4 But they weren't.

FISA warrants have been on the increase since 2001. (replace * with e)

You have no basis for saying that those warrants weren't being issued on the people in question here, you're just pulling stuff out of your ass. Again.

Posted by: at December 31, 2005 11:05 AM (JV5Qt)

5 But they weren't.

FISA warrants have been on the increase since 2001. (replace * with e)

You have no basis for saying that those warrants weren't being issued on the people in question here, you're just pulling stuff out of your ass. Again.

Posted by: Sortelli at December 31, 2005 11:12 AM (JV5Qt)

6 Ace! Your comment software was off on a coke bender again, wasn't it?

Posted by: Sortelli at December 31, 2005 11:13 AM (JV5Qt)

7 There's nothing that connects the NSA domestic wiretapping with the new FISA requests; they're coming from other agencies and other NSA programs. Bush himself has said that the NSA program wasn't seeking any warrants from the FISA court.

Show me something that says NSA is asking for warrants for the results of their widespread data collection.

Posted by: Bob Munck at December 31, 2005 11:14 AM (+rfpr)

8 Bush himself has said that the NSA program wasn't seeking any warrants from the FISA court.

Alright, that does change things. Either way, Bush is going to the FISA judges with a briefing next month according to that link.

Posted by: Sortelli at December 31, 2005 11:20 AM (JV5Qt)

9 http://huachuca-www.army.mil/sites/local/

There isnt an electronically transmitted burp that these guys dont intercept and analyze.

One of the arguments is that if you put it out into space via RF, have no expectation of privacy (and anyone with two connected nuerons knows that you should expect no privacy. Dont say anything on any phone that you dont want to answer to your mom or a jury for.

Posted by: Scott at December 31, 2005 11:44 AM (/93R6)

10 I would point again to the information that dozens of NSA types talked to the NYT. Presumably they are well up on the law.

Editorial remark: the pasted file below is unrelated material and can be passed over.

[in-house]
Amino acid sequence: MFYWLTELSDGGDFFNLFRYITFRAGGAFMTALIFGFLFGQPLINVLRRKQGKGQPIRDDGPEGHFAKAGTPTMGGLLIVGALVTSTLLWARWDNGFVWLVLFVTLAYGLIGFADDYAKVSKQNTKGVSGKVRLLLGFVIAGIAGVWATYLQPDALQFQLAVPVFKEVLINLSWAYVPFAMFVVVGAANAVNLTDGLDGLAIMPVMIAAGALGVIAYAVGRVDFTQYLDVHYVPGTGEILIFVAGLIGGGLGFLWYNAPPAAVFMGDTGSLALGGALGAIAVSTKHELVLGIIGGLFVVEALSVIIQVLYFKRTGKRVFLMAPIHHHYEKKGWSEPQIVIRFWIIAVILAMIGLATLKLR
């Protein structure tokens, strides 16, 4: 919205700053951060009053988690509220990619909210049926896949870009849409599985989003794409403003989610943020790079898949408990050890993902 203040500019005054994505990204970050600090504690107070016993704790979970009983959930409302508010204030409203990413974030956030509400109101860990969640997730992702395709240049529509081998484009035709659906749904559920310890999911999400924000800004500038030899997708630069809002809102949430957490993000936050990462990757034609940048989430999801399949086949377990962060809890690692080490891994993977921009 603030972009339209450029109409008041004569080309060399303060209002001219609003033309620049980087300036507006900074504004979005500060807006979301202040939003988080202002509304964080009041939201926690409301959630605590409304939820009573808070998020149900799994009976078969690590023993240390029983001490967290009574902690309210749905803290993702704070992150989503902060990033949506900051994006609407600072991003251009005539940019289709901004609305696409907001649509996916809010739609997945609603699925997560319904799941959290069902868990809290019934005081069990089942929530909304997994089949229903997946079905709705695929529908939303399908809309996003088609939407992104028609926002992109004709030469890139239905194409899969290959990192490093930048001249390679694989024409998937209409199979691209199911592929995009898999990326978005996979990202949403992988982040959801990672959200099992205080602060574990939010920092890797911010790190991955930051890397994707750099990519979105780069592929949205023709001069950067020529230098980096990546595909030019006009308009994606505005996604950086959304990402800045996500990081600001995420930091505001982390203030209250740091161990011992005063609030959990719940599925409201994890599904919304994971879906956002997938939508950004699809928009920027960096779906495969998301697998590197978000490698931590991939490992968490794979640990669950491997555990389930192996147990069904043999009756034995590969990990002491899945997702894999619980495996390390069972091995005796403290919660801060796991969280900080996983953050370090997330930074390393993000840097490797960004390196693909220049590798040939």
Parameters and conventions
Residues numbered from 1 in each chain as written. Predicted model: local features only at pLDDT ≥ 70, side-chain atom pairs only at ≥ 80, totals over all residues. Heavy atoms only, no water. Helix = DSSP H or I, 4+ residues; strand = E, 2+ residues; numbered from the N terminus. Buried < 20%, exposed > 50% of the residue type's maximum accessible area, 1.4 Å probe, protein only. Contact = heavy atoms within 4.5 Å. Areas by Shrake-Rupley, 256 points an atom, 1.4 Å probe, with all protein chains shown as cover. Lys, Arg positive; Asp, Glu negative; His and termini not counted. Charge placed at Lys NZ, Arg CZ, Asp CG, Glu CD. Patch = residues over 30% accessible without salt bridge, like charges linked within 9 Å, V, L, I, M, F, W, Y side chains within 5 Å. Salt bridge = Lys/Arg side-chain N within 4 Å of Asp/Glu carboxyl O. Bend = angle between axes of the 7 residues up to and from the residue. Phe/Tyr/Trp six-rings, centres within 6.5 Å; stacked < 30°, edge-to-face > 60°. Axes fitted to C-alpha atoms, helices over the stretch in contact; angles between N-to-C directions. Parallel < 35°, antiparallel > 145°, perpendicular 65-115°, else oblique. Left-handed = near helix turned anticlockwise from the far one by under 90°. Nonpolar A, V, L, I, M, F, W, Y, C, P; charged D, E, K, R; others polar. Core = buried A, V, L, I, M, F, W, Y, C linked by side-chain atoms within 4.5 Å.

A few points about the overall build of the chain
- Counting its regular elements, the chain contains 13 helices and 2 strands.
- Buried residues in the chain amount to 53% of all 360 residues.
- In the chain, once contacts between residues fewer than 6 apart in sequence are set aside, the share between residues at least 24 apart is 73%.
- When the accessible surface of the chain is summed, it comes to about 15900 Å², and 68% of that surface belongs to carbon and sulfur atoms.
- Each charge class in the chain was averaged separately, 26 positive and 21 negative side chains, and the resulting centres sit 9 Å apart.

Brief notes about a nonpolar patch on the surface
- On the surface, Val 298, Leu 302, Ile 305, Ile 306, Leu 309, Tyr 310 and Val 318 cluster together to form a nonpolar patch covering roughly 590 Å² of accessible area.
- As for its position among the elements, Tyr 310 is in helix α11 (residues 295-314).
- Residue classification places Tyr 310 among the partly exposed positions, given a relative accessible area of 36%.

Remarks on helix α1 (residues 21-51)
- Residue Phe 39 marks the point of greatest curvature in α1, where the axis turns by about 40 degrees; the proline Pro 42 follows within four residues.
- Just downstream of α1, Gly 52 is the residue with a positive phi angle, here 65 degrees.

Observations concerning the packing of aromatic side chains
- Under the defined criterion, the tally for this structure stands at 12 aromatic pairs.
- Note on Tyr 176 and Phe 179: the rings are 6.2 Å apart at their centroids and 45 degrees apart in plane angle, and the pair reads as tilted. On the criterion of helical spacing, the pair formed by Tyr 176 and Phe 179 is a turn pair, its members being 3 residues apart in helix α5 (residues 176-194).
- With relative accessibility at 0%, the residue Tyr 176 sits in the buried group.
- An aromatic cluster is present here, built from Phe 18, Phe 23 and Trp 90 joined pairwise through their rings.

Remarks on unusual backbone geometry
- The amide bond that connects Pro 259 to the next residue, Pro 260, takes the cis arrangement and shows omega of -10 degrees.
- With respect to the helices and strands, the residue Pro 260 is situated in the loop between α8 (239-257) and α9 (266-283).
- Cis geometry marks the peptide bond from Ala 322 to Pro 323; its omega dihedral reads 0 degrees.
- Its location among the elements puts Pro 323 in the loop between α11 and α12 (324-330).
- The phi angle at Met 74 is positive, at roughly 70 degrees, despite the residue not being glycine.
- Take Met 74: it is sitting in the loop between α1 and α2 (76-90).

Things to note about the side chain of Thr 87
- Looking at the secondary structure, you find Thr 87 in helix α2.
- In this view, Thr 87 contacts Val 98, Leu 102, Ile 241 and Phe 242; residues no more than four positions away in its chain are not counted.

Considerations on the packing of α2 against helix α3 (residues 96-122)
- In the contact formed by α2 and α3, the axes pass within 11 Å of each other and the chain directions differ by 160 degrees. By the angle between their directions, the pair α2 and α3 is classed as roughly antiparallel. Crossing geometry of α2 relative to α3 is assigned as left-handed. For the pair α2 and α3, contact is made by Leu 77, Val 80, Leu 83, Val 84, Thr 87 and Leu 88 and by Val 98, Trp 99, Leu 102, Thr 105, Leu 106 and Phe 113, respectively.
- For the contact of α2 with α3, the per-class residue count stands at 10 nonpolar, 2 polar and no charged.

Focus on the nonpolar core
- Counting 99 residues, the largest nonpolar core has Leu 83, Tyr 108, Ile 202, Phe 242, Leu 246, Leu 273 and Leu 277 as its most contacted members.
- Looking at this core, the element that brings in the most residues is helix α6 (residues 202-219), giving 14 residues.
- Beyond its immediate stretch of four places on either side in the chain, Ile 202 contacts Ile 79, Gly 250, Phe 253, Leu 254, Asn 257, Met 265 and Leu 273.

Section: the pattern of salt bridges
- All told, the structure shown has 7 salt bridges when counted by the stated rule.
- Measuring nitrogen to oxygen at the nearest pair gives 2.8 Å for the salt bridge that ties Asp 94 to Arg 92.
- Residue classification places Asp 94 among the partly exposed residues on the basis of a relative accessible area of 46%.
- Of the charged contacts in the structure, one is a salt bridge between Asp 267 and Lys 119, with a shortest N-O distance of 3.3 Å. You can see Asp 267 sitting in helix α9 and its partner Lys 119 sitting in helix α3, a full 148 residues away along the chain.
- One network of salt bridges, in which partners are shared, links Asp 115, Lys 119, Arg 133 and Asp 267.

If this is true, it says to me that whatever was done may be illegal. I would sure like to see a judicial review. If it is OK, then OK. If not, then not.

Posted by: searp at December 31, 2005 01:29 PM (hsrIx)

11 I would sure like to see a judicial review.

Because judges are so much better at collecting intelligence in war time than anybody else? Because they would never bend the law to suit their policy preferences?

I take it as read that the CinC gets to do the foreign intelligence thing, even if (maybe especially if) agents of foreign powers are already on our soil, without having to say, "Mother, may I?" He isn't preparing for a criminal prosecution, for Pete's sake. He's fighting a war. But I don't quite get what added value comes from having a civilian who may or may not believe the written law is a "living and breathing" thing second guess the pros on what we should put our finite resources to work on.

The Constitution doesn't have to require this to make it a good idea, but why on earth would anyone believe it's a good idea? Newsflashes: (1) We are fighting a covert army of bad guys whom we have to discover and whose knowledge must become ours; (2) nobody in the NSA cares if you are downloading gay porn or haven't returned Catcher in the Rye to your public library.

Personally, of course I figure my phone/email/etc. can be secretly intercepted even though I'm not doing anything. All it takes is people I am connected to doing something that looks funny enough and the warrant would issue. So how is the NSA program harming my privacy?

I seem to remember Tom Clancy writing about this sort of stuff years ago. (Was it The Sum of All Fears?) We all kind of shrugged at the thought. I'm still shrugging.

Posted by: VRWC Agent at December 31, 2005 09:38 PM (756i5)

12 Too many liberal politicians too many liberal judges